“Just like a car, you can buy an RV cheaper today than 18 months ago,” he says. “Because the supply was so low then; with a high demand, prices started to rise. The supply chain is catching up with demand, so you can buy an RV for a more reasonable price today.”
In the next five years, Tutton Group wants to expand to two more rooftops, with a 10-year goal of having no fewer than 25. The company also has purchased property in Birmingham, Alabama, for an RV location that will be opening in 2024. n
“The RV culture is one-of-a-kind. If you’ve ever spent a night in an RV park, you’ve most likely had someone say hello and offer you a beverage. The community and family atmosphere are extremely contagious and makes you hungry for your next trip.”
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Tutton Group CFO Stacy Kennemur (left) and COO Ceci Garcia.
Creating a ‘Legacy of Care’
A.G. Rhodes, one of Atlanta’s oldest nonprofit organizations that operates three nursing homes in Cobb, Fulton and DeKalb counties, is transforming its Marietta location by constructing a new home and renovating its existing building to include private room accommodations for each resident. The transformation is part of the organization’s $37.5-million “Legacy of Care” capital campaign to create a new nursing home community accessible to those who are uninsured, underinsured and underserved, and that can be replicated throughout Georgia and across the nation.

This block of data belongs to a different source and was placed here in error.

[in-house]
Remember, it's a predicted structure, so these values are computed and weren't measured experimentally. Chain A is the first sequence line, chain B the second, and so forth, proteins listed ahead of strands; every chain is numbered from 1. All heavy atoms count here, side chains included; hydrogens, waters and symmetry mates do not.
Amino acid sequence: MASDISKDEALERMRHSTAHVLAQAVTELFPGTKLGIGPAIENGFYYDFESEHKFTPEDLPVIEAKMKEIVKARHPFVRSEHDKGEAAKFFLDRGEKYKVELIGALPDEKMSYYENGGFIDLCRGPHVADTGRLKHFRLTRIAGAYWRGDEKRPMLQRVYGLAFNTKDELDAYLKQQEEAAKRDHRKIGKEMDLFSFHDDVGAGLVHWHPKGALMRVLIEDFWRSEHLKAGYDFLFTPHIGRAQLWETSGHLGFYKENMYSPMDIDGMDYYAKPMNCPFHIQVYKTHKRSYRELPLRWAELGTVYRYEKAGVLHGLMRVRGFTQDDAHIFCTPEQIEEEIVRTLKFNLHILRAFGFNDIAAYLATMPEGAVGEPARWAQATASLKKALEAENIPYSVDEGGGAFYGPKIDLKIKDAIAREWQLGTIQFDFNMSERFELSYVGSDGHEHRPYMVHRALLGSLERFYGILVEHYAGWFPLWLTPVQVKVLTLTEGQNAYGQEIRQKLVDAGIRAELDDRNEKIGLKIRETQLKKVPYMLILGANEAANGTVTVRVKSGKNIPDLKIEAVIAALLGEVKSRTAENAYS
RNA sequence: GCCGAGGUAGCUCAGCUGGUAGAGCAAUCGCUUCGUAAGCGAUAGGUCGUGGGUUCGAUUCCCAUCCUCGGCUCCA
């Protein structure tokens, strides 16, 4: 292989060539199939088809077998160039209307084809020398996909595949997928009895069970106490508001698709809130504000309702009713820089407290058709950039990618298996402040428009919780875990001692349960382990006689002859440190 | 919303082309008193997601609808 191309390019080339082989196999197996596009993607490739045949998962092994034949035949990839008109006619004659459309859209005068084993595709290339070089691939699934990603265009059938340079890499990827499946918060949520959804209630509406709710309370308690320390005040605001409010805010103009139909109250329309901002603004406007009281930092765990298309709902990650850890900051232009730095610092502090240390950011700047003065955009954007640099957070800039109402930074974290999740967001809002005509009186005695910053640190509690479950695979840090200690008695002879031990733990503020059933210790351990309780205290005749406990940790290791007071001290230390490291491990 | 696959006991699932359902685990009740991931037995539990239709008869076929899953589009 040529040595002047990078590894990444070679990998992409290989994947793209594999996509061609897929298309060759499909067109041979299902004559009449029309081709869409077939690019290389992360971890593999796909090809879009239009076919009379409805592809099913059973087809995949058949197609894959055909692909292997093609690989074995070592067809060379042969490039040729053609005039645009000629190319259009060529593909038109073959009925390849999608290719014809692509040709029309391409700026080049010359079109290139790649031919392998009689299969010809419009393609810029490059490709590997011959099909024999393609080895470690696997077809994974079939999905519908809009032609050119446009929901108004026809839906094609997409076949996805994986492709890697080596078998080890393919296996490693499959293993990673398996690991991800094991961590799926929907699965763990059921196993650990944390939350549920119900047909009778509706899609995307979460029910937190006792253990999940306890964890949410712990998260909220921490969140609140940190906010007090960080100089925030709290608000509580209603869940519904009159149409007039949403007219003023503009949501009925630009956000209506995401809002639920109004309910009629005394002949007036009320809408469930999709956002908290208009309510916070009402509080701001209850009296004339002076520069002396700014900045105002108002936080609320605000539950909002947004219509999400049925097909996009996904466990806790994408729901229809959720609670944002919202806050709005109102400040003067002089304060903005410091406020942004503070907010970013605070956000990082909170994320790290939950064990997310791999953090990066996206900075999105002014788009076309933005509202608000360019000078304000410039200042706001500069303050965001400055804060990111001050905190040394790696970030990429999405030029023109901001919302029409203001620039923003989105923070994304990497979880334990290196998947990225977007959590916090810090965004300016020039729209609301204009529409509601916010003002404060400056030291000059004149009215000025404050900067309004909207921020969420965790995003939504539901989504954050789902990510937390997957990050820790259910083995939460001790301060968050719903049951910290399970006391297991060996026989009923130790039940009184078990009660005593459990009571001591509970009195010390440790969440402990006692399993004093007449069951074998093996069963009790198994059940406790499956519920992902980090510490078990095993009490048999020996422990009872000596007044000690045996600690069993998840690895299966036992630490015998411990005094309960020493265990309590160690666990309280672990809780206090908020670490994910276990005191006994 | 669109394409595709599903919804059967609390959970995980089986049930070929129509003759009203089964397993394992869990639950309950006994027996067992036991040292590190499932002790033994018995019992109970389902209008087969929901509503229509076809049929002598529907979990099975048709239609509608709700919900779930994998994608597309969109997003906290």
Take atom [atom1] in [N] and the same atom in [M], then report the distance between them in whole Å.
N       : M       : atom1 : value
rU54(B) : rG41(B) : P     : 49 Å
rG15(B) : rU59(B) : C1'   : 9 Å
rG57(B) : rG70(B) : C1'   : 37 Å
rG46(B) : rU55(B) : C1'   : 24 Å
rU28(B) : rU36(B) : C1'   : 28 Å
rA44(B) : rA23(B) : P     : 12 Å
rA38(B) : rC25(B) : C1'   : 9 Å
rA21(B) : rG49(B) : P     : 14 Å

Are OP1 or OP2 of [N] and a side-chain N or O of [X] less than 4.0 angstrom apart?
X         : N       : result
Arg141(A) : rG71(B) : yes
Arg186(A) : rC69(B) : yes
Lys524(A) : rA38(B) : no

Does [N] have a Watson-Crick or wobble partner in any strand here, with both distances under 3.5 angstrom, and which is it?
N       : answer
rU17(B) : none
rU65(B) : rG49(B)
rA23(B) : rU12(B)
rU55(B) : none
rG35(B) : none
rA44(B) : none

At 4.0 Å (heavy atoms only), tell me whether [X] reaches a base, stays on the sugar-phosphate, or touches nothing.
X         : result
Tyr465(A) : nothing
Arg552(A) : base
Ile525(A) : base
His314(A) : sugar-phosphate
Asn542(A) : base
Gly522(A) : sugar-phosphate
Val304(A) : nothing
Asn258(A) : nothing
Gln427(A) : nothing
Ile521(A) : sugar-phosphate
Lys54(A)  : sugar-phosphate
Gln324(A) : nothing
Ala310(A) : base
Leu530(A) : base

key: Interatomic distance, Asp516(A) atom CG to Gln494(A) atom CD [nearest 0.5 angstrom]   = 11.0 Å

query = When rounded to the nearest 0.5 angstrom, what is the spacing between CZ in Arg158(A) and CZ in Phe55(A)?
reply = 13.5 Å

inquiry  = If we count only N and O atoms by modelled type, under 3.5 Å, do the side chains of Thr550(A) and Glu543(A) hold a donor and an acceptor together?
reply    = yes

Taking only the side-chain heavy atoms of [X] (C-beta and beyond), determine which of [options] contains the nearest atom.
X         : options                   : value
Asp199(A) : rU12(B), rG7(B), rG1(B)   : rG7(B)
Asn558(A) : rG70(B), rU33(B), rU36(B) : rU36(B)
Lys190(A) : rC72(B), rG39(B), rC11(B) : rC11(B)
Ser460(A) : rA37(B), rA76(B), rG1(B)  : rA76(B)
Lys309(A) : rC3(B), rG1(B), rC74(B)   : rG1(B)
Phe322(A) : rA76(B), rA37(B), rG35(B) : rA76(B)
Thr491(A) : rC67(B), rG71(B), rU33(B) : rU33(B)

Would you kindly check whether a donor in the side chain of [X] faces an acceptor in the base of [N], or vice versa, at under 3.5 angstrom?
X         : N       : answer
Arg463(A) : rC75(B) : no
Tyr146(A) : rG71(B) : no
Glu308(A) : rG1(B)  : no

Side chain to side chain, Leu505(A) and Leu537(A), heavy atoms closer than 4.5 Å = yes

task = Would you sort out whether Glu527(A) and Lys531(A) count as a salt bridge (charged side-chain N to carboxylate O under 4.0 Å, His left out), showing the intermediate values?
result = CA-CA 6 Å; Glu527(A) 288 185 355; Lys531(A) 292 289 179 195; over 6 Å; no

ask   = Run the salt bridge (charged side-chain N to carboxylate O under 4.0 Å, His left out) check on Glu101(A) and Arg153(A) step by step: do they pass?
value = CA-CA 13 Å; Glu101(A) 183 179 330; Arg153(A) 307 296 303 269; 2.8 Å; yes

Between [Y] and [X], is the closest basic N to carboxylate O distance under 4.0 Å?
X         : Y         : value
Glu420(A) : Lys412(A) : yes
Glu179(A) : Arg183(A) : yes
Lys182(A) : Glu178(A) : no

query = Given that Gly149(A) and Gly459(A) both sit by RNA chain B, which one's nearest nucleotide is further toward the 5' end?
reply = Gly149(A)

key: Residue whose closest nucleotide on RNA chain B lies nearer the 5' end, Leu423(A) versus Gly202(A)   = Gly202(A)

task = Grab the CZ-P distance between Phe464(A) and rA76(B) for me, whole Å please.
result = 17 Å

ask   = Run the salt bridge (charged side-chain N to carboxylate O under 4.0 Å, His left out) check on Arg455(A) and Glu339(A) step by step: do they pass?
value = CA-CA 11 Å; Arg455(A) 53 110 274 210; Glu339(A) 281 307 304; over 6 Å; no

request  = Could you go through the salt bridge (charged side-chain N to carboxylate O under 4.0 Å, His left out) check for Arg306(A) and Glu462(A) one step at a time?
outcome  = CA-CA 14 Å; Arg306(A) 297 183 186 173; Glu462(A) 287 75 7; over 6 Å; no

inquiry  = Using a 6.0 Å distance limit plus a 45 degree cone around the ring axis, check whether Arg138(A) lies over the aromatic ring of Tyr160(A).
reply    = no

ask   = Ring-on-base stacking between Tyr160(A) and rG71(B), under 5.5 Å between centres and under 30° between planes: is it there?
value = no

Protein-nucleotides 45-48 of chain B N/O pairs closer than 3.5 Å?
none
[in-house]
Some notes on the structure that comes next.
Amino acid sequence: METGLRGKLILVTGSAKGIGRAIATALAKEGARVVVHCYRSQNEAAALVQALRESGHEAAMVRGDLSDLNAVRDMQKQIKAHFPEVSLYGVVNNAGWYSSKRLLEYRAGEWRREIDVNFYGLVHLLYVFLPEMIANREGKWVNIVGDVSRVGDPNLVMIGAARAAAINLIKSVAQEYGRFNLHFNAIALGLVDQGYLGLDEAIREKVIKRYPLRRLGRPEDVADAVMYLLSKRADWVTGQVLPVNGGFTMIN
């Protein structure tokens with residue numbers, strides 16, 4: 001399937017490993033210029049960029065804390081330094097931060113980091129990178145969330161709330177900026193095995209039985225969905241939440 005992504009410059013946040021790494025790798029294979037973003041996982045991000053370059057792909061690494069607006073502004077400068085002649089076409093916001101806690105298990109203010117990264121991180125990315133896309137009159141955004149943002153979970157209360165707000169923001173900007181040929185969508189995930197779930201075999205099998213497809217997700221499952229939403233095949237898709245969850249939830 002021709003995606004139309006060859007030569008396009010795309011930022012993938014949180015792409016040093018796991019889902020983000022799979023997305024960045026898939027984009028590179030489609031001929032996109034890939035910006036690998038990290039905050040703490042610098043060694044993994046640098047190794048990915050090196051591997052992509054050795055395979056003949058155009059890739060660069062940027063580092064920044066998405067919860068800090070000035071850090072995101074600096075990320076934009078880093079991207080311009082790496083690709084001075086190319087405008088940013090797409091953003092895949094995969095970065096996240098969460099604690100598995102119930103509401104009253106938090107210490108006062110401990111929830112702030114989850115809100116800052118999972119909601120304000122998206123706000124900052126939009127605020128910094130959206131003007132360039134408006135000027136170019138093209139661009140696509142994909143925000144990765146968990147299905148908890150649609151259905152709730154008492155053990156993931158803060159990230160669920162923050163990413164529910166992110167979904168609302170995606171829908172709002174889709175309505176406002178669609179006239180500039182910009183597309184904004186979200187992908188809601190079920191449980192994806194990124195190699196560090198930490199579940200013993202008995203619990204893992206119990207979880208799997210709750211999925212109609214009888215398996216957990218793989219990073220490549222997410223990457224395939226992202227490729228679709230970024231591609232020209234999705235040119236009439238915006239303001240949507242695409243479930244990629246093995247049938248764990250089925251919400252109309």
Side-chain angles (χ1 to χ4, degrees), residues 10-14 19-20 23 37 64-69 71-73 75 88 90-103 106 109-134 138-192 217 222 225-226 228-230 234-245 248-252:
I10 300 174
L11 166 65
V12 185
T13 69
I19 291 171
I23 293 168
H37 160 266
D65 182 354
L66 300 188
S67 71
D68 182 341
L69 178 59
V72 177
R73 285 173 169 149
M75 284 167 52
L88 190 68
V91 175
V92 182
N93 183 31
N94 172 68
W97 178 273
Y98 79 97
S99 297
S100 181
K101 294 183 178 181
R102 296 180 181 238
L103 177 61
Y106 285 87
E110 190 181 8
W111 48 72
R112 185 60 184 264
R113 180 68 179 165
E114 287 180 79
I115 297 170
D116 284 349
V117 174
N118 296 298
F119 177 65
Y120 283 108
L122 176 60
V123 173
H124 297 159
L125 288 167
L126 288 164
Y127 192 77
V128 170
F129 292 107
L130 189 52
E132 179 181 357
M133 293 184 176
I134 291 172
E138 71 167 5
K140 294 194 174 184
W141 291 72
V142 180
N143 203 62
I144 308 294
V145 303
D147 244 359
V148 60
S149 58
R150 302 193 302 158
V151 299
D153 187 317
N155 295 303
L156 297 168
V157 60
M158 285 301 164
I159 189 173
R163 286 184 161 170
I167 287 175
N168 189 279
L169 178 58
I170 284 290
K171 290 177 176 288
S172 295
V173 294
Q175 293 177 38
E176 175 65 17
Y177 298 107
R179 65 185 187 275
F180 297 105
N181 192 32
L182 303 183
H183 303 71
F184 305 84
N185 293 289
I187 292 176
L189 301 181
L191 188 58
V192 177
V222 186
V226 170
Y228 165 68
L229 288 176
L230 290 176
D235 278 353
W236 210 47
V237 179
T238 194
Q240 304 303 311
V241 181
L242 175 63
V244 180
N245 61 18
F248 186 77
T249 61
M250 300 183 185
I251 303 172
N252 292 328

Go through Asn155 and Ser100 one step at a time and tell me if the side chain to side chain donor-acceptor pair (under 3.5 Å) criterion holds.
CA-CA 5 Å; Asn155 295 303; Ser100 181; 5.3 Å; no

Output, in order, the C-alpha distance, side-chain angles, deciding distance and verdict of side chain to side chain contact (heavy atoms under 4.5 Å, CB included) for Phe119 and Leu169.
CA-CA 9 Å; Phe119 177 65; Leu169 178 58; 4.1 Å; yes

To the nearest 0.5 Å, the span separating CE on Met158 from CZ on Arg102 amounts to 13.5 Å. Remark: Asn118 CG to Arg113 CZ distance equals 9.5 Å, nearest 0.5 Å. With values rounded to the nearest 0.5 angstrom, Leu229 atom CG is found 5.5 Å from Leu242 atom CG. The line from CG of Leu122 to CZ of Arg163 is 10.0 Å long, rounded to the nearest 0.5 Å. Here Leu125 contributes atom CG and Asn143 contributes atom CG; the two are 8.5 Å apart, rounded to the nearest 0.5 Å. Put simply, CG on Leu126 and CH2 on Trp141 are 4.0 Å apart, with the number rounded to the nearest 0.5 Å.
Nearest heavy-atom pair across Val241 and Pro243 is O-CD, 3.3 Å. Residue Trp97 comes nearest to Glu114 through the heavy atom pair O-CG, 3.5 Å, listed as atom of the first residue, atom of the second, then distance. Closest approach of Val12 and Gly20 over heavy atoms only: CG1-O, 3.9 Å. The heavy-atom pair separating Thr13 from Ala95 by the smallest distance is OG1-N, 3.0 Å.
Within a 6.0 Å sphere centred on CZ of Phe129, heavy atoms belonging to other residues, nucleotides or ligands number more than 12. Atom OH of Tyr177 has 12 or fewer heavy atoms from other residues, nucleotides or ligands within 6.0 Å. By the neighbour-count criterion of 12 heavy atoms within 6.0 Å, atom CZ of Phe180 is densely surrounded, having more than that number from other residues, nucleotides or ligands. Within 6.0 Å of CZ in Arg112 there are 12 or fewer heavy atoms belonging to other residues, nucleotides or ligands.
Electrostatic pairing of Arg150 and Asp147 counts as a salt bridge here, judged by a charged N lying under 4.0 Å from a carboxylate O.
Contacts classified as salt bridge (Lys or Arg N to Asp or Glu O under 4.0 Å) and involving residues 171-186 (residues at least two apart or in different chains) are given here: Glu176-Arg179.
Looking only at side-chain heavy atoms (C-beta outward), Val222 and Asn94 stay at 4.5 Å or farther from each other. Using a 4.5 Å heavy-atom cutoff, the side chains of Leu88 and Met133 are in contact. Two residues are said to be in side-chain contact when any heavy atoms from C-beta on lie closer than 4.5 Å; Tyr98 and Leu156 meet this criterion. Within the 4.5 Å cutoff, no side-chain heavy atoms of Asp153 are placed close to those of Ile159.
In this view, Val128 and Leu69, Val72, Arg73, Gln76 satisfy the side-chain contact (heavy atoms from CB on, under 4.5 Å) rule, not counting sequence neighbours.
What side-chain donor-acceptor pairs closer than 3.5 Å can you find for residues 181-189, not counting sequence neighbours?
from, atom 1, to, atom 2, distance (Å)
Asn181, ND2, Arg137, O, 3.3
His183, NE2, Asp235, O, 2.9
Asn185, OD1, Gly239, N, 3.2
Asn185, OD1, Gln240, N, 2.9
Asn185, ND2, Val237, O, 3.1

“The antiquated nursing home model where most residents share rooms is not only undesirable, it’s unacceptable,” said A.G. Rhodes CEO Deke Cateau. “But because the majority
of nursing home residents are reliant on Medicaid funding — which doesn’t cover the true cost of care, let alone private room accommodations — most of our nation’s nursing homes
S enior Living
Atlanta nonprofit nursing home explains why private rooms are a big deal.
MAY/JUNE 2023 27
Construction is underway on A.G. Rhodes’ Marietta location. Pictured L-R: Katie Smith Sloan, president and CEO of LeadingAge, and A.G. Rhodes CEO Deke Cateau.
simply don’t have the funds for that kind of major reconstruction given current government reimbursements and regulations.”
As one of only a few nonprofit nursing home providers in the state, A.G. Rhodes uses fundraising as one way to supplement the cost of resident care and other initiatives that Medicaid doesn’t cover — such as its Legacy of Care campaign — to greatly enhance the quality of life for its residents.
Through the leadership of its Board of Trustees and Board of Advisors, A.G. Rhodes has raised a large portion of its construction costs through philanthropy. Construction of the new building and renovations to the existing